Parent’s letter to an 18-year-old



After those last two blog posts, it’s time to lighten things up a little. Let’s talk about figuring out the “new rules” when your fledgling leaves the nest. Our daughter has given me permission to blog about an e-mail that we sent her a few weeks after she started college.

Until she turned 18, her checking account and her credit card were still held jointly with me. We were both eager to end that part of our relationship!  But she had plenty of other things on her mind during her first semester of college.  At the time we wrote this e-mail she was struggling with homework, exams, NROTC workouts, and her personal spending habits.

When spouse and I went to college (back during the second millennium, before the World Wide Web & cell phones, when woolly mammoths roamed the earth), we spent years stumbling through the minefields of our own parents’ expectations.  So when our daughter started college we decided to seize the initiative and set out the ground rules. Not that we’re control freaks or anything– we’re just trying to do for the next generation what we wish had been done for us.

Here’s what we told her:

Happy birthday!

Your 18th birthday also marks your independence from the family payroll and the end of our $$$ gifts at birthdays & holidays. You’ll still be reimbursed for tuition expenses that NROTC doesn’t cover, and our college fund will pay your cell phone bill. Of course both of those subsidies will expire when you get your diploma & commission!

The last payment to your clothing/toiletries budget will happen next month. After that… well… you’re a college engineering student now, so nobody will be surprised if you’re ragged & stinky. You could always tell people that you’re considering joining the submarine force.

Mom and I aren’t sending a very consistent message yet, but you should attempt to live your life as if we’re not giving you any more money ever. As you build up your personal property (like your collection of Navy uniforms) then you should consider insuring it so that you won’t have to call “Mommy&Daddy” to subsidize a recovery from fire/theft/floods. You already know we’re not planning to contribute to your first home, either, because you’ll be saving for a down payment or using the special “first home purchase” feature of your Roth IRA.

When we get together we’ll still take you out for meals and pick up the check, but there’s a very good chance that in 50 or 60 years you’ll be reciprocating this generosity by helping to feed me MY food. Of course we’ll buy you the plane tickets to visit home anytime. As the parents of the prospective bride I think we’re paying a chunk of your wedding expenses, a subject to be revisited waaaaay later. We’ll also spoil your kids with a trip to a Disney theme park once or twice a year, and we’ll take them off your hands for an occasional sleepover or grandparents weekend… but we don’t want to provide childcare so that you can go to work or stand weekend duty. We want to be “Navy Reserve Grandparents”: one weekend a month and two weeks a year. We’d rather not care for the grandkids while you’re on deployment, either, but we understand if that becomes necessary.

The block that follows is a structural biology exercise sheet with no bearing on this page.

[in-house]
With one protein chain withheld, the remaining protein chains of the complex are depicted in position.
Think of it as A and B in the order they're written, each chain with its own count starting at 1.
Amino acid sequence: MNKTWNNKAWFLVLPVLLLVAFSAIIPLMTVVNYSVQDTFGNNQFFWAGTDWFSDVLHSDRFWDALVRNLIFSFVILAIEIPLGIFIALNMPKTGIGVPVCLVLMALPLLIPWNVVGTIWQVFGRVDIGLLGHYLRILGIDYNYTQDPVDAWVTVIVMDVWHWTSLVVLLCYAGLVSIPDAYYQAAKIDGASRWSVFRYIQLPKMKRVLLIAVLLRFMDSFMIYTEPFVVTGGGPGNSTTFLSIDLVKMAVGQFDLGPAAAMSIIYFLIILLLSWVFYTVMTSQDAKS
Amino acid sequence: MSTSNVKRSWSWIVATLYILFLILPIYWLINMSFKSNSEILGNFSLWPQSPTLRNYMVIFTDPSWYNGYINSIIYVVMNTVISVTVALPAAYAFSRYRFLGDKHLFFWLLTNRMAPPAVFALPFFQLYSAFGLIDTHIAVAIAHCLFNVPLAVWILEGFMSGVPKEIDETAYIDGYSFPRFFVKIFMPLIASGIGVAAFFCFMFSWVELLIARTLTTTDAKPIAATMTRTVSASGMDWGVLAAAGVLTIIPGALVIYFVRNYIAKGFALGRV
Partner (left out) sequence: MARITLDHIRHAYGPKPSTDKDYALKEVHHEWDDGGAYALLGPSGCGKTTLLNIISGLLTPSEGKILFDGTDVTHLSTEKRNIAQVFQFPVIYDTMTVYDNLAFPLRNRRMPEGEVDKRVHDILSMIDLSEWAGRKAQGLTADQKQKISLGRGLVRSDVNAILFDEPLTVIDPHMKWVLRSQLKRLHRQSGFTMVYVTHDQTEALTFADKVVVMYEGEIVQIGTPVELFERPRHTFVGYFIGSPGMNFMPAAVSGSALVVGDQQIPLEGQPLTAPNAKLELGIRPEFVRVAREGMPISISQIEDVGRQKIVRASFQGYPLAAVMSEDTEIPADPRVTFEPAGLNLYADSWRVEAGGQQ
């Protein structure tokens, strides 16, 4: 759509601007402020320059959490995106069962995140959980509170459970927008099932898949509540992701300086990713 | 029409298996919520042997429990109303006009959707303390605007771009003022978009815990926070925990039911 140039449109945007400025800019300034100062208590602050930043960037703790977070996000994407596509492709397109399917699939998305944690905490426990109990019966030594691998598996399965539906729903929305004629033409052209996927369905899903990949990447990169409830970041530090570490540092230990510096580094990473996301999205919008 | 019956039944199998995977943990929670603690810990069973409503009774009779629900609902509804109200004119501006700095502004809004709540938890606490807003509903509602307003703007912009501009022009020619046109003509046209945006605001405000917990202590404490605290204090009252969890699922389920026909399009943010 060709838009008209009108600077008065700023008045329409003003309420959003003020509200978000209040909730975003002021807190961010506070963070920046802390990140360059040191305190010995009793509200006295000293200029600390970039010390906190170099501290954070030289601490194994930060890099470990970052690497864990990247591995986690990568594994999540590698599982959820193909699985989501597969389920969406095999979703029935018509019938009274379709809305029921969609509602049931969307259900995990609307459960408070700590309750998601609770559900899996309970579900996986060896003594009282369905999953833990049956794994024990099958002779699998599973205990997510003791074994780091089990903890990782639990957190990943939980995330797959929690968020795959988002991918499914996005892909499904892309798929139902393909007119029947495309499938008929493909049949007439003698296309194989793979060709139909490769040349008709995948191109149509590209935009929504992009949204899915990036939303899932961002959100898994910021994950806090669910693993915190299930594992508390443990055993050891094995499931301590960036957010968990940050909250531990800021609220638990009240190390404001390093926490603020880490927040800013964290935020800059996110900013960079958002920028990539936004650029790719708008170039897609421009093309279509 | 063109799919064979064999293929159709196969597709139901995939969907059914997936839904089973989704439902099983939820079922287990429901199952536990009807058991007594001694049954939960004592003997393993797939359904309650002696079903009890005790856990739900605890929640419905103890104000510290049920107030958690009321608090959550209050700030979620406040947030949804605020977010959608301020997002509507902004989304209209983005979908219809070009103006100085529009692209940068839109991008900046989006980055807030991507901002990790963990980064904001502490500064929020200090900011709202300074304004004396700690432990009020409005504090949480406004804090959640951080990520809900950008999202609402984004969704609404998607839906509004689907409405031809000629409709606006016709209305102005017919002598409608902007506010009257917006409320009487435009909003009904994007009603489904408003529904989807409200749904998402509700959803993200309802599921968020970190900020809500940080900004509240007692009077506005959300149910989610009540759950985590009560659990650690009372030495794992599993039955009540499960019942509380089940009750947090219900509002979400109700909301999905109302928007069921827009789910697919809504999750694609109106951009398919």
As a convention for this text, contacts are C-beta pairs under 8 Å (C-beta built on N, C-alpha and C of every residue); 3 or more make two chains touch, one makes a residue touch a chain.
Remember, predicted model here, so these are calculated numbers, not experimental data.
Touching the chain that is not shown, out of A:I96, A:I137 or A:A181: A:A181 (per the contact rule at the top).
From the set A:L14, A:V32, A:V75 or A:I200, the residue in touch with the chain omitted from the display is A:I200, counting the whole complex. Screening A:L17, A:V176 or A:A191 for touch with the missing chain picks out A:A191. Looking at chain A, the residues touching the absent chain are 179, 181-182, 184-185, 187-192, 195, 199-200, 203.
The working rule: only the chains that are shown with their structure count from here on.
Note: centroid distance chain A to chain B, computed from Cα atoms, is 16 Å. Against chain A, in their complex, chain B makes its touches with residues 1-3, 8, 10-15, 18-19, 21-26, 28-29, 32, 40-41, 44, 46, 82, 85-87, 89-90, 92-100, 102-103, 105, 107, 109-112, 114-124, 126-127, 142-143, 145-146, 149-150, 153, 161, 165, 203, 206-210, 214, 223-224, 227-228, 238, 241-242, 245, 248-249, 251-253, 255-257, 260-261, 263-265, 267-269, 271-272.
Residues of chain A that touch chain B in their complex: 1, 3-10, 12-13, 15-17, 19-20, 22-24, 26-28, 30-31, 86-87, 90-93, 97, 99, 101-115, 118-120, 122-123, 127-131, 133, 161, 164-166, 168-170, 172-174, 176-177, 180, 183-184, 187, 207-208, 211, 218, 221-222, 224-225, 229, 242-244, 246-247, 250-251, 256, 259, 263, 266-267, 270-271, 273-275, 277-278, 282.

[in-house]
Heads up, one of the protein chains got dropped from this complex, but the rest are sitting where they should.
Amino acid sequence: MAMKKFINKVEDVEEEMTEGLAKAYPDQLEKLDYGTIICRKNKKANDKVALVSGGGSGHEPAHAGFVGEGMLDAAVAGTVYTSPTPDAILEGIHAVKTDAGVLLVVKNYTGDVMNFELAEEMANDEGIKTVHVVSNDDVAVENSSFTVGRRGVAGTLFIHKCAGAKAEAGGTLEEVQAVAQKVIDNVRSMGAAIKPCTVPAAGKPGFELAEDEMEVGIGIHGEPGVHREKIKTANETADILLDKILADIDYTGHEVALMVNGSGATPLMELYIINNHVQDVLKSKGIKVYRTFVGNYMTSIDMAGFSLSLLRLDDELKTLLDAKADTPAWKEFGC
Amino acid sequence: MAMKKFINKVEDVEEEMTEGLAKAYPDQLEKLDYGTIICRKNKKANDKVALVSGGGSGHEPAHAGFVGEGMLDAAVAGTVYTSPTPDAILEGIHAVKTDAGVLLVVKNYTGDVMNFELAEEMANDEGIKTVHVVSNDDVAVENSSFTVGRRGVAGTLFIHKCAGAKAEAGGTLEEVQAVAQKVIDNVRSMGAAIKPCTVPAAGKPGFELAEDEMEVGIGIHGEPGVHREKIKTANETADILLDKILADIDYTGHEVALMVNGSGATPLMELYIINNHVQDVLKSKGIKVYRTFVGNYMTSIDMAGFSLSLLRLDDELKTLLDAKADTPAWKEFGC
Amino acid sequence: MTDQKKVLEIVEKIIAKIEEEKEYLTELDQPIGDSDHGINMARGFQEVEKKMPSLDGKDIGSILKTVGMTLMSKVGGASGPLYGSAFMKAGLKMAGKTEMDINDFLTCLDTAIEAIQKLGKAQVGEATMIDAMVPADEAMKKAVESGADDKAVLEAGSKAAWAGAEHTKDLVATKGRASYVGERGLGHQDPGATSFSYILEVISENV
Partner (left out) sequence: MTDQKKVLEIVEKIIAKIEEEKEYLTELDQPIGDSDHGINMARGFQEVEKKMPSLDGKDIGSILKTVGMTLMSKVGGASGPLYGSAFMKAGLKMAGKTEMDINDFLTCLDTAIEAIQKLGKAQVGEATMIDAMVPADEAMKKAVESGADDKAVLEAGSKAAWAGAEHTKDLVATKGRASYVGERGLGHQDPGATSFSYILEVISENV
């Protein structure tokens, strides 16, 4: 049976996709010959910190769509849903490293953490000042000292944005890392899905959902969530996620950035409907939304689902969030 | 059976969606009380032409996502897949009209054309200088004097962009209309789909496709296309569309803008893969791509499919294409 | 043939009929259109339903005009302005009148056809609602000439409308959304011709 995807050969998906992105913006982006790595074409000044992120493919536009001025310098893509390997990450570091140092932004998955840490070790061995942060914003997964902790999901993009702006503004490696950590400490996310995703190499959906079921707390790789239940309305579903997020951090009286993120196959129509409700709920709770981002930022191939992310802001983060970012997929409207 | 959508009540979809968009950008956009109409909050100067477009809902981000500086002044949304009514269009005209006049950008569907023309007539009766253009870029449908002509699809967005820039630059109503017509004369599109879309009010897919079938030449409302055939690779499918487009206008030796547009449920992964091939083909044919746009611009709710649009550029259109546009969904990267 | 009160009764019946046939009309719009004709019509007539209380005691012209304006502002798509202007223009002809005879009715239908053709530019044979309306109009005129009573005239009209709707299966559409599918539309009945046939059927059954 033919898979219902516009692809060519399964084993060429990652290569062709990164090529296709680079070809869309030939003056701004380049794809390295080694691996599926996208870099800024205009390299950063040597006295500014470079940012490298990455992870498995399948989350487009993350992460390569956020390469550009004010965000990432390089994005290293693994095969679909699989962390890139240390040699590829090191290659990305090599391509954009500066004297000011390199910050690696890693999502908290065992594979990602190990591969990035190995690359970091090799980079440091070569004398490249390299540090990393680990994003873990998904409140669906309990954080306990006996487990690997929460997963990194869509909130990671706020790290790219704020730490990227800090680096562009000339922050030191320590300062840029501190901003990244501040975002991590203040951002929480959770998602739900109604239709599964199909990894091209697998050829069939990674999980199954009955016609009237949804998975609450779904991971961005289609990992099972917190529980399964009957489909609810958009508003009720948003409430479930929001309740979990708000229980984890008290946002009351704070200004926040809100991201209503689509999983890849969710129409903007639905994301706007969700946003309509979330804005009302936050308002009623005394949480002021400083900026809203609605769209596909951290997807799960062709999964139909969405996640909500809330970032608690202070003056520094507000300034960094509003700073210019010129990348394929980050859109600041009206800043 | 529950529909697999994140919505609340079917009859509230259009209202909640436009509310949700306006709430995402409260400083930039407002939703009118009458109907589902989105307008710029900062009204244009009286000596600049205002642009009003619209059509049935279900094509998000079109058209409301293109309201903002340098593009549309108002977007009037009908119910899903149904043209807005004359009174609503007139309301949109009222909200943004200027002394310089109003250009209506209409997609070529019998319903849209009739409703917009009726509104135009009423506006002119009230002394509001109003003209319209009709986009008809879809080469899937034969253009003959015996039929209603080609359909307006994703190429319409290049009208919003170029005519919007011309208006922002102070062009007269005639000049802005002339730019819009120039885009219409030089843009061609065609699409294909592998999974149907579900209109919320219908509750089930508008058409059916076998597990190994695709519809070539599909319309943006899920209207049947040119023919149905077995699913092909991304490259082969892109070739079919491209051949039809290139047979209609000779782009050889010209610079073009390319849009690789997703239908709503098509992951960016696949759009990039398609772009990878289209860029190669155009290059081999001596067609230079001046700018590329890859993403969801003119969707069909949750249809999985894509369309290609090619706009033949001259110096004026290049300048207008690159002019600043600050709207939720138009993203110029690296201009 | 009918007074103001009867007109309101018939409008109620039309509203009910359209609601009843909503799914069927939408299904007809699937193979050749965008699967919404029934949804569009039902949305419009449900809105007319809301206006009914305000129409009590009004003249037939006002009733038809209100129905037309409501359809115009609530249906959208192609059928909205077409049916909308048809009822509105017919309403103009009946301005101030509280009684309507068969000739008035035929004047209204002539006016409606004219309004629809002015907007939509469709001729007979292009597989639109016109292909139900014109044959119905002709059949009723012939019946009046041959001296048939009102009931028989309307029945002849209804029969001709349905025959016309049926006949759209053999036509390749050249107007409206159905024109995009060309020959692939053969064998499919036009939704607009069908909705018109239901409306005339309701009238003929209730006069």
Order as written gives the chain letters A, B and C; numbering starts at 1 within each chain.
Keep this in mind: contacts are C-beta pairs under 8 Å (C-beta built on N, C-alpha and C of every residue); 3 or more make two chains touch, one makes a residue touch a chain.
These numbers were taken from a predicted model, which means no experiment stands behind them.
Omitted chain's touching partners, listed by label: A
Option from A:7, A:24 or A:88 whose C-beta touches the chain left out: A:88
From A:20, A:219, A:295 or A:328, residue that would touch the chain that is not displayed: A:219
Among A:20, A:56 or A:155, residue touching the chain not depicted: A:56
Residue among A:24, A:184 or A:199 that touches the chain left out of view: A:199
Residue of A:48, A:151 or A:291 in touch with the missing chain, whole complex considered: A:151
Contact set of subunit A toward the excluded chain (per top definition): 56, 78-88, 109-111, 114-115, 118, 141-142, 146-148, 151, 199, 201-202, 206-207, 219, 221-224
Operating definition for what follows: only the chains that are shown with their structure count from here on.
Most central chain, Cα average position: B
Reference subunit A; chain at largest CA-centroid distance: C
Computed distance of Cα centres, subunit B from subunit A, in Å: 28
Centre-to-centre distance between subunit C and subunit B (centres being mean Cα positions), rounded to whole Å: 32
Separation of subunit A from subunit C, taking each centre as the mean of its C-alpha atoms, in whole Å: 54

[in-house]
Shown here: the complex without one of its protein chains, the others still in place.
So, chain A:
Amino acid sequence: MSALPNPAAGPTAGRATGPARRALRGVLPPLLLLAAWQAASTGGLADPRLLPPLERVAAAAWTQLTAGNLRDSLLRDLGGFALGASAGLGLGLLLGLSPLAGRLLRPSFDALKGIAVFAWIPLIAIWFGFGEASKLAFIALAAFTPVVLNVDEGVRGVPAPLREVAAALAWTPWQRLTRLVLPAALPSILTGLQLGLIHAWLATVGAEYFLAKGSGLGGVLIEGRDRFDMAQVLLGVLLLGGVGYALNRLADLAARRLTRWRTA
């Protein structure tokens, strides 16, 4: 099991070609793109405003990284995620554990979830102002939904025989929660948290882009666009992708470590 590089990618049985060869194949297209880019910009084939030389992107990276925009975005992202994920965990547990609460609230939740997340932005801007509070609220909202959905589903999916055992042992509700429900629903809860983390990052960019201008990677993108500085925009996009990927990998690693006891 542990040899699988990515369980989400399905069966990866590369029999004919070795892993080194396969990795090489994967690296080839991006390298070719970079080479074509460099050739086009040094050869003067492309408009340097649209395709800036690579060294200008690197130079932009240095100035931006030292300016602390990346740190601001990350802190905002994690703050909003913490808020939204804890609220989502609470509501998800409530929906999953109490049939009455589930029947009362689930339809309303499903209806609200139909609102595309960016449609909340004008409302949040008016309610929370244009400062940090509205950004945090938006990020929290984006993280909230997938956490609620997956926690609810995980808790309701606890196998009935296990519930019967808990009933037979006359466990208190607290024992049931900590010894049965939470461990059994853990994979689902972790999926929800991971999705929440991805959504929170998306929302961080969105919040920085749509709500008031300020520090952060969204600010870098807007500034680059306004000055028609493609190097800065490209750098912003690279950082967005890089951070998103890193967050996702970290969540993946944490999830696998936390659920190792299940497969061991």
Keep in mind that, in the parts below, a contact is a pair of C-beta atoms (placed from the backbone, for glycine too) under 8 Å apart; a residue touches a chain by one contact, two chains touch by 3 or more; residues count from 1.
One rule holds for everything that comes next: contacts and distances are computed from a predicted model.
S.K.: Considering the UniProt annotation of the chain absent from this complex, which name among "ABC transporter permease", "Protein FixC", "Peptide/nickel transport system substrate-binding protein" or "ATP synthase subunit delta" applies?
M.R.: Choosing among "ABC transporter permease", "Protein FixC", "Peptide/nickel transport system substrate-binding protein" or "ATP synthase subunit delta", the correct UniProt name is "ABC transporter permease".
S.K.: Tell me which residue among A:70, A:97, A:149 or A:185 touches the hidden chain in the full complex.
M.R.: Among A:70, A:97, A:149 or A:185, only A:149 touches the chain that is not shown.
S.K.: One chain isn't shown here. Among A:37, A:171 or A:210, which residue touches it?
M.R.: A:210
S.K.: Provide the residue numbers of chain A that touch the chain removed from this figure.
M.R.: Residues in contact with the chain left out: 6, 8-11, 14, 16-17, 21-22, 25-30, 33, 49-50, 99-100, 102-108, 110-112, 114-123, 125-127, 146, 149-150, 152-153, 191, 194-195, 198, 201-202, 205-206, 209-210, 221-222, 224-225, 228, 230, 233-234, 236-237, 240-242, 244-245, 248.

During this Christmas break (assuming you still want to come home!) we’ll spend 20 minutes a day on these financial independence tasks:

  • – transferring your Roth IRA over to Fidelity,
  • – setting up your CDs at PenFed,
  • – splitting out your NFCU account from Dad’s account,
  • – getting your own credit card,
  • – getting personal-property insurance quotes, and
  • – your tax returns.

I have a separate lifetime offer for you, not as “Dad” but as “Coach”. Mom and I have learned a lot of financial skills over the years (many of them the hard way) and I can share the pros & cons of nearly every major financial decision (including marriage & kids). Please feel free to make your own independent decisions without consulting us. But before you sign any paperwork, feel free to tell whoever’s offering you a “good deal” that you need to discuss it with your financial adviser– and then give me a call. I’ll show you where to educate yourself, what issues to consider, and what options you might want to choose. I promise not to criticize your lifestyle or your standards, although I may tease you a little.

We don’t intend to hurt your feelings or make you go “Aw, man!” with any of the preceding paragraphs. If we evoked those reactions then call us and we’ll talk about it.

I’ve wondered… do the other midshipmen call you “Nords” yet? Love, Dad


A few weeks after that she finished her first semester. She was more than ready to come home for the holidays, so we sent her another “what to expect” e-mail:

Since you’re returning home in a few weeks, we should warn you about a family rules change: there won’t be any rules. We feel that you’re coming home as a special houseguest, not just as “our kid”, and frankly your mother and I are more interested in being “life coaches” and “valued mentors” than parents. (We’ll always be your Mom & Dad, but we think we’ll all benefit from a transition to adulthood!) So when you get home there won’t be any chores or nagging or questions about your homework or where you’re going or who you’re seeing or any of that other fun stuff from the good ol’ days. Sorry!